At the end of the war, Attlee took a strong line in favor of dismembering the German state, even if he stopped short of Henry Morgenthau’s plan for “pastoralizing” the country. He wholeheartedly supported Truman on the dropping of the atomic bomb and instantly concluded that Britain must have atomic weapons of its own and be prepared to use them. Fearful that his Labour colleagues might not support him, he set up a secret Cabinet committee, GEN 163, to authorize work to begin before any objections could be raised. The committee met only once, on January 8, 1947, and its decisions were not communicated to the Cabinet, then or later. Similarly, neither Cabinet nor Parliament got to hear of Attlee’s agreement with James Forrestal, the US secretary of defense, to station three groups of large bombers on British soil. When the Korean conflict loomed, it was a foregone conclusion that Attlee’s Britain would join in, even though the cost of rearming was to be a major factor in Labour’s downfall in 1951.

In his hardness, he was equaled only by Churchill himself. Yet to this day, the mouse remains in the lion’s shadow. Even the jacket blurb for Bew’s book spends several sentences talking about Churchill, before going on to argue that in fact Attlee may have been the more consequential leader. We can go further, I think. Without Attlee, Churchill might never have become prime minister at all, and might be remembered today only as a mercurial figure responsible for a series of catastrophic misjudgments: Gallipoli, the return to the gold standard, resistance to Indian independence, and, perhaps most pregnant of all, bombing the hell out of Mesopotamia in the early 1920s, the consequences of which haunt us still.

As long as the pacifist George Lansbury led the Labour Party, Attlee loyally supported its stance against rearmament. But after Attlee succeeded him in 1935—a succession by no means as unlikely as posterity has chosen to think—Labour began to become a staunch anti-appeasement and pro-rearmament party. In this process, Attlee immediately offered his undeviating support for the Spanish Republic and did not hesitate to visit the battlefront, where he gave the clenched-fist salute to the Major Attlee Company of the International Brigade. This gesture afforded Senator Joseph McCarthy a few more column inches, but hardly anyone ever dreamed of Attlee as a fellow traveler.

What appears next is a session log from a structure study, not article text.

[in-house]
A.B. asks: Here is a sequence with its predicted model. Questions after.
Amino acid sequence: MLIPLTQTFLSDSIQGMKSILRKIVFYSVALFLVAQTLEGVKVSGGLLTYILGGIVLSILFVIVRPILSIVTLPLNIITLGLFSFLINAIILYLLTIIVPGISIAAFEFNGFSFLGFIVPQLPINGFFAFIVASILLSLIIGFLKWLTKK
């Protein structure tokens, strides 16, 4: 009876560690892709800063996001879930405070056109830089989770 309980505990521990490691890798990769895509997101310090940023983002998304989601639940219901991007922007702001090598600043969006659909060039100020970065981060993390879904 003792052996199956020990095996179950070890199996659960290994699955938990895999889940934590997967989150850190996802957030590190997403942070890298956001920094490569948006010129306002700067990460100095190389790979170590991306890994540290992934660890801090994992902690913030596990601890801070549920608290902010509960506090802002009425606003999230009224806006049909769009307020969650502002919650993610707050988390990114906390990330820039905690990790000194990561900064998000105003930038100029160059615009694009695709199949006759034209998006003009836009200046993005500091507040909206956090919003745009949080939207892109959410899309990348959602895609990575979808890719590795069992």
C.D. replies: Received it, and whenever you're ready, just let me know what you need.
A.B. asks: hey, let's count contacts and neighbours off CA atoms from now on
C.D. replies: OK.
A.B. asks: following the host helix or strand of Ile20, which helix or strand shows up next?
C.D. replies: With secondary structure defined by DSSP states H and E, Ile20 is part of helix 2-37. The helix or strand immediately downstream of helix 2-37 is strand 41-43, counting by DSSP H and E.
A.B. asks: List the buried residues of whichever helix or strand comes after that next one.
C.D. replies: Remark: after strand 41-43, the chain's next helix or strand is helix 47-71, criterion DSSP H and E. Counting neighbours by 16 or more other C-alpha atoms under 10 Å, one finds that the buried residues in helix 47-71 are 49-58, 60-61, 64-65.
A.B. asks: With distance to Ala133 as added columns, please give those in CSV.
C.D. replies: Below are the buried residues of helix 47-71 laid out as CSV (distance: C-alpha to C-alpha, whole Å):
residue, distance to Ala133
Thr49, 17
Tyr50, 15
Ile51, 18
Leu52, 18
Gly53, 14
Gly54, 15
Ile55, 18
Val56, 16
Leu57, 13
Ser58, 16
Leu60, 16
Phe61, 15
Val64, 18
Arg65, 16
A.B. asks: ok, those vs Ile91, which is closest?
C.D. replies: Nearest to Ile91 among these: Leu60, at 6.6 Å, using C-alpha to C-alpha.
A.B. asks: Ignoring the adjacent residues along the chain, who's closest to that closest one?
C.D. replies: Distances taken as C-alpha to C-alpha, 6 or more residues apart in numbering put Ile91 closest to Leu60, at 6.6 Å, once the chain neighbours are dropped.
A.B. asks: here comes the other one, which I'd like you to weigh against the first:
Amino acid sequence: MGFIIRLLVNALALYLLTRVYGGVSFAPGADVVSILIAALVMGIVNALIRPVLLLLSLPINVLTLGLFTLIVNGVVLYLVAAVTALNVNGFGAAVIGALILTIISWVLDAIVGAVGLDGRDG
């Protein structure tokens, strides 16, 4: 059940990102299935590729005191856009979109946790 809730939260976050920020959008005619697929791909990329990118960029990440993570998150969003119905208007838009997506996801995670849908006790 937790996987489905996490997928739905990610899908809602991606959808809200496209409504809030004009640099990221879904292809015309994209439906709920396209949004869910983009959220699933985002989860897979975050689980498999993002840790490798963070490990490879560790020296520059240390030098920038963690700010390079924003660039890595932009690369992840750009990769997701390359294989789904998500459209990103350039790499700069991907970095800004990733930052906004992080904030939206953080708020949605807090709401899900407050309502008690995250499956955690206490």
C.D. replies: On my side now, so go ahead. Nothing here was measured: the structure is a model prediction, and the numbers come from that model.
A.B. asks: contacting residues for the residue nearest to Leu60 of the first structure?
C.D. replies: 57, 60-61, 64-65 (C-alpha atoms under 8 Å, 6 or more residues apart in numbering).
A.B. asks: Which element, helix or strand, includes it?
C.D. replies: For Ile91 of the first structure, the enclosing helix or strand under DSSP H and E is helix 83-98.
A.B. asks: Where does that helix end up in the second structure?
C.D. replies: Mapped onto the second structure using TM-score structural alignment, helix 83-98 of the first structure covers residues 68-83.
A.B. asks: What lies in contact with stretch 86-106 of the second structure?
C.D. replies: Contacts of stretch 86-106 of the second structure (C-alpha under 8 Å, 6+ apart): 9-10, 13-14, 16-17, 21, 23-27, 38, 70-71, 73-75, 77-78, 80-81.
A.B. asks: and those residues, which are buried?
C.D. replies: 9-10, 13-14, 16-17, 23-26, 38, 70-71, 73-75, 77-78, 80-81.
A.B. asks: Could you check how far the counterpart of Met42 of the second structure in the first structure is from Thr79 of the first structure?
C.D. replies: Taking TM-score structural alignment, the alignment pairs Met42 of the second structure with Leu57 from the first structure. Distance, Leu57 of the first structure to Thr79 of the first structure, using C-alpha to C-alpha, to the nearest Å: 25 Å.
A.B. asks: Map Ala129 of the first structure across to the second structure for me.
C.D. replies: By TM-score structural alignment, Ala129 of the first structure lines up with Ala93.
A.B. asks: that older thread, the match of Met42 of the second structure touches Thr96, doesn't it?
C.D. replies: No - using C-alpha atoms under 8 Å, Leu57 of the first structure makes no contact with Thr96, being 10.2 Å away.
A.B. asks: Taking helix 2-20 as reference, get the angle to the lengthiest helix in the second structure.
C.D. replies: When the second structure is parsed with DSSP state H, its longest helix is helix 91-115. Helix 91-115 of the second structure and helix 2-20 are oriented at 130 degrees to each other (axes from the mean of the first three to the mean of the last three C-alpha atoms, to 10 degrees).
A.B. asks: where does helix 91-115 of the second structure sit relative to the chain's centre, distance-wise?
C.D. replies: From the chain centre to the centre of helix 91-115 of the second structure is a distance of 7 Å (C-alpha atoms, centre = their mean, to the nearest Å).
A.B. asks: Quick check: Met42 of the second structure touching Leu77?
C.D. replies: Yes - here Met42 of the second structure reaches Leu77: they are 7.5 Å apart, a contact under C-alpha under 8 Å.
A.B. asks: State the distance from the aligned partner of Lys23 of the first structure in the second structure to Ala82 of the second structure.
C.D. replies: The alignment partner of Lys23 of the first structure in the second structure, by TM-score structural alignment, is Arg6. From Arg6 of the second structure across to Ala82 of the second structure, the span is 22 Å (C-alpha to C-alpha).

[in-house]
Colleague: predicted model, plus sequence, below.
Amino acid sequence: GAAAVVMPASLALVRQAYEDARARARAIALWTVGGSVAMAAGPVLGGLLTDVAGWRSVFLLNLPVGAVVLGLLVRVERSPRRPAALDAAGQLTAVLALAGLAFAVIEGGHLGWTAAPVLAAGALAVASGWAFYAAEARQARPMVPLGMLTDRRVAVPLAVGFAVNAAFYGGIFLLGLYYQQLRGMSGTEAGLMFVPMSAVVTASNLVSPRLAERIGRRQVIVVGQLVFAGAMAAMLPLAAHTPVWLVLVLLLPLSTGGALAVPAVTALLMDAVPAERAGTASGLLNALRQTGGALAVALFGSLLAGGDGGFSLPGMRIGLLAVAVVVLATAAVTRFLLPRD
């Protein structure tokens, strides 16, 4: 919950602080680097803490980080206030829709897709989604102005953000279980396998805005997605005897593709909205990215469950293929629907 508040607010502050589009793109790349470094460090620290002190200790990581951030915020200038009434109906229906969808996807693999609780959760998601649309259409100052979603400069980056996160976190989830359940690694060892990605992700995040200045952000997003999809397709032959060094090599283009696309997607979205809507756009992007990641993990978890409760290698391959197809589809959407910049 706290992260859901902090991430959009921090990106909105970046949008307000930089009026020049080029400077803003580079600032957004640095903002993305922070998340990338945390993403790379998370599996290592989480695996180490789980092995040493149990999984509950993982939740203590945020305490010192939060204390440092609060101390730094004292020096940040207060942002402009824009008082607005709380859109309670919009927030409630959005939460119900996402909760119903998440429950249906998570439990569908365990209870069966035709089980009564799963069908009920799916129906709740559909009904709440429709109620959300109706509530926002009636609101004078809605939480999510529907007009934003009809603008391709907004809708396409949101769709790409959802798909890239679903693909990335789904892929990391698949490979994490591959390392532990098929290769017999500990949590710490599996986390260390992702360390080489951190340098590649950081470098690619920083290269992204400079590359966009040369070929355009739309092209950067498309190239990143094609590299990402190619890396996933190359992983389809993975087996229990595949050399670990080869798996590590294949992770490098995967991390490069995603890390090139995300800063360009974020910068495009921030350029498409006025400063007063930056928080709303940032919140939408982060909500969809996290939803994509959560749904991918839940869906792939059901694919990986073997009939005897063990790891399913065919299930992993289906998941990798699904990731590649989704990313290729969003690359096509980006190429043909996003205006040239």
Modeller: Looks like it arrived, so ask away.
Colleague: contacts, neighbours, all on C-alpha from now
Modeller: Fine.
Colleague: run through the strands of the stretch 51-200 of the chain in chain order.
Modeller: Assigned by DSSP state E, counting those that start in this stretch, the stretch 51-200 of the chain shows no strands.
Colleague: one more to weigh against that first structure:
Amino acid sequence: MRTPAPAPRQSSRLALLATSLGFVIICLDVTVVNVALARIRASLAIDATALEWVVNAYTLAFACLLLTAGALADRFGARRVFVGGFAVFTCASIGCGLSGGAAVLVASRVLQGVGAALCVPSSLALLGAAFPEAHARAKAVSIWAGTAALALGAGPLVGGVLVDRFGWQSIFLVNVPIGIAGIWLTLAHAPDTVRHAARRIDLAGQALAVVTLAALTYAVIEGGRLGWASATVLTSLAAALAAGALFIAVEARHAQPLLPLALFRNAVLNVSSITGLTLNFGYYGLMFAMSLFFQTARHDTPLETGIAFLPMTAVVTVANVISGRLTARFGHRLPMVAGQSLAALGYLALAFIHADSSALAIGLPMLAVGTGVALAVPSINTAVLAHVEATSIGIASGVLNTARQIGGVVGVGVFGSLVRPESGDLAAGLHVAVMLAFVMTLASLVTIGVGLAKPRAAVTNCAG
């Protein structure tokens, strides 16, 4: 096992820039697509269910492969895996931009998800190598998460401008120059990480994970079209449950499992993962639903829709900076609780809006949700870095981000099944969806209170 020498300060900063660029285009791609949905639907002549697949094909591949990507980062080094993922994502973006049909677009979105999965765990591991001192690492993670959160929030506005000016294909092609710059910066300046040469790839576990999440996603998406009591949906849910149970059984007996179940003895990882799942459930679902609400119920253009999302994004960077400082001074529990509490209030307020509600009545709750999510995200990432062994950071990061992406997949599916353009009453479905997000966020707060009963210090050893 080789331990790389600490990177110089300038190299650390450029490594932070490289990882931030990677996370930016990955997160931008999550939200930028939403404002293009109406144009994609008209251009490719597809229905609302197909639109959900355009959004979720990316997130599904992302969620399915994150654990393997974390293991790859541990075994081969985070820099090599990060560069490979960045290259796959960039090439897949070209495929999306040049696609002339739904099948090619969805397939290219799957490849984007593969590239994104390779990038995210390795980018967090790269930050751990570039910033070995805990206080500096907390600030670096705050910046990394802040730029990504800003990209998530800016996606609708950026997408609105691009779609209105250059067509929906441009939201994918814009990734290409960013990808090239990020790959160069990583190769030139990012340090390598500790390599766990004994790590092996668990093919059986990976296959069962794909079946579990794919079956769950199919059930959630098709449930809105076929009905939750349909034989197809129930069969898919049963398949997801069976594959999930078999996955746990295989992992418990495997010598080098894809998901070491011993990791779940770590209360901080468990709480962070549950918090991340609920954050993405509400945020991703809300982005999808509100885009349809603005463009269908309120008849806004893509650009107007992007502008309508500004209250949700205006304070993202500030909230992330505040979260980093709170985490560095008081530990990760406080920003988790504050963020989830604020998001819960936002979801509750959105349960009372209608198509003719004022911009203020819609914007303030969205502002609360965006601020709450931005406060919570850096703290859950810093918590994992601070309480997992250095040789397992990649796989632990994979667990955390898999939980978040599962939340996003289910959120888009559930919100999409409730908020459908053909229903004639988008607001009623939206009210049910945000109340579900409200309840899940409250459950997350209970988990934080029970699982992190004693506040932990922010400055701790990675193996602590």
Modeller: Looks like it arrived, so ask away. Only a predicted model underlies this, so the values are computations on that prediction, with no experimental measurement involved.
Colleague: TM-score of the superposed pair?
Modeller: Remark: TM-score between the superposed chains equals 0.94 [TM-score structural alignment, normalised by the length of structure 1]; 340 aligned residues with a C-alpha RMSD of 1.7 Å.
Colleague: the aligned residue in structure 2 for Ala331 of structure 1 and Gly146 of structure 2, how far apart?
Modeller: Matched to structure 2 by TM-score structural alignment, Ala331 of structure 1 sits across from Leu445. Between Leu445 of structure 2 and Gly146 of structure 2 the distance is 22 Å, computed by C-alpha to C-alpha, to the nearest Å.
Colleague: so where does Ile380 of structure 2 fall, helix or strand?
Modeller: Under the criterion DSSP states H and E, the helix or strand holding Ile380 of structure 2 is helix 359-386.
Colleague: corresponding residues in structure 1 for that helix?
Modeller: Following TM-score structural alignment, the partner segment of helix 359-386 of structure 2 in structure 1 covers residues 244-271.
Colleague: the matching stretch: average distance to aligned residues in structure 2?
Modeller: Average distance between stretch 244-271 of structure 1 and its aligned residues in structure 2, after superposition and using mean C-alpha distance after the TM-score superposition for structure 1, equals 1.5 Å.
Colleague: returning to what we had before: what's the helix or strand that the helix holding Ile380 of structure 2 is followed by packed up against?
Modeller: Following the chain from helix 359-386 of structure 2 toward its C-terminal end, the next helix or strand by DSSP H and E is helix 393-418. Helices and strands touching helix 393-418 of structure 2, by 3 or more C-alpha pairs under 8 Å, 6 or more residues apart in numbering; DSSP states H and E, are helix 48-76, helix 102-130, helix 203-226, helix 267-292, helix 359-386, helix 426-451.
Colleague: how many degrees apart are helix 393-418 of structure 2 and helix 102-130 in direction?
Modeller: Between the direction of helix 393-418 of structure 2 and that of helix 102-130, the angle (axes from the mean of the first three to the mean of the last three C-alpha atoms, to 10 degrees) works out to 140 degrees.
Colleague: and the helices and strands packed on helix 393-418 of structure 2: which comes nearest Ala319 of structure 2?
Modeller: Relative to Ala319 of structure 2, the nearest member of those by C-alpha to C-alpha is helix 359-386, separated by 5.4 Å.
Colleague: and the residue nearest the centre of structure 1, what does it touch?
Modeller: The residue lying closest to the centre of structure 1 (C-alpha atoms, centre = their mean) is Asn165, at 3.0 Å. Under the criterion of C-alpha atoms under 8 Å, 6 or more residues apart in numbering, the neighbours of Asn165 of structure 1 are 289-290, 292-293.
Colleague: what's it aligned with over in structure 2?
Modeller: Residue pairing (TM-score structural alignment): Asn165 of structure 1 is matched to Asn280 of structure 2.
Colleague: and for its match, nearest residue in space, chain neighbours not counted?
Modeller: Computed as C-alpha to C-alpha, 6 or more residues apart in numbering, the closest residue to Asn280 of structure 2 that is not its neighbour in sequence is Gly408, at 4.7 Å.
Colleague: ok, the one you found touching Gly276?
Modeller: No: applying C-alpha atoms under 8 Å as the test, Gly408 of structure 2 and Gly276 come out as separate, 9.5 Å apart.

By 1938 Churchill and Attlee were in clandestine cahoots. For Attlee, the Munich Agreement was “one of the greatest diplomatic defeats that this country and France have ever sustained.” So began the tense process by which Attlee became the kingmaker. True, Churchill might eventually have emerged on top of the heap of agonized Tory ministers, but the support of Labour made his replacing Neville Chamberlain a quick and decisive business. Churchill never forgot it.

Oddly enough, it is in covering the Attlee government that Bew’s book loses some of its earlier vivacity and intensity. There is a certain blandness about his account of the domestic scene in the late 1940s. He does not bring alive as David Kynaston does in Austerity Britain (2007) the grimmer aspects of the Attlee years, the physical and moral exhaustion, the lines, the rationing, the bureaucracy, the fuel shortages, and not least the drastic devaluation of the pound in 1949, which was experienced as a national humiliation, though in reality it was a lifeline. Bew mentions only in passing those like Correlli Barnett in The Audit of War (1987) and The Lost Victory: British Dreams, British Realities 1945–1950 (1995) who argue that Britain frittered away its scanty resources on welfare rather than rebuilding with the same urgency as France and Germany.

Nor does Bew discuss a slightly different argument: that a government that loosened up the economy more boldly, as Harold Wilson began to do in late 1948 with his “bonfire of controls,” and relied more on the free market and less on government direction and control might have revived the animal spirits not only of entrepreneurs but of the general public. Labour did win the largest popular vote ever in 1950 and 1951 (though the Conservatives nonetheless came out of the 1951 election with a parliamentary majority, and Attlee resigned as prime minister), but might it not have done better still if it had responded to the public desire for economic elbow room?

Like Attlee, Bew seems reluctant to enter too closely into economic controversy and evaluation. In fact, Attlee was singularly uninterested in commerce at any time in his life, still less in consumption. If half a glass of sherry was good enough for himself and his guests, why should anyone else want more? For Attlee, austerity was not simply the necessity of the times, it was his own instinctive preference. Which is perhaps why posterity has chosen to retain fonder memories of Churchill, with his cigars and his brandy and his racehorses.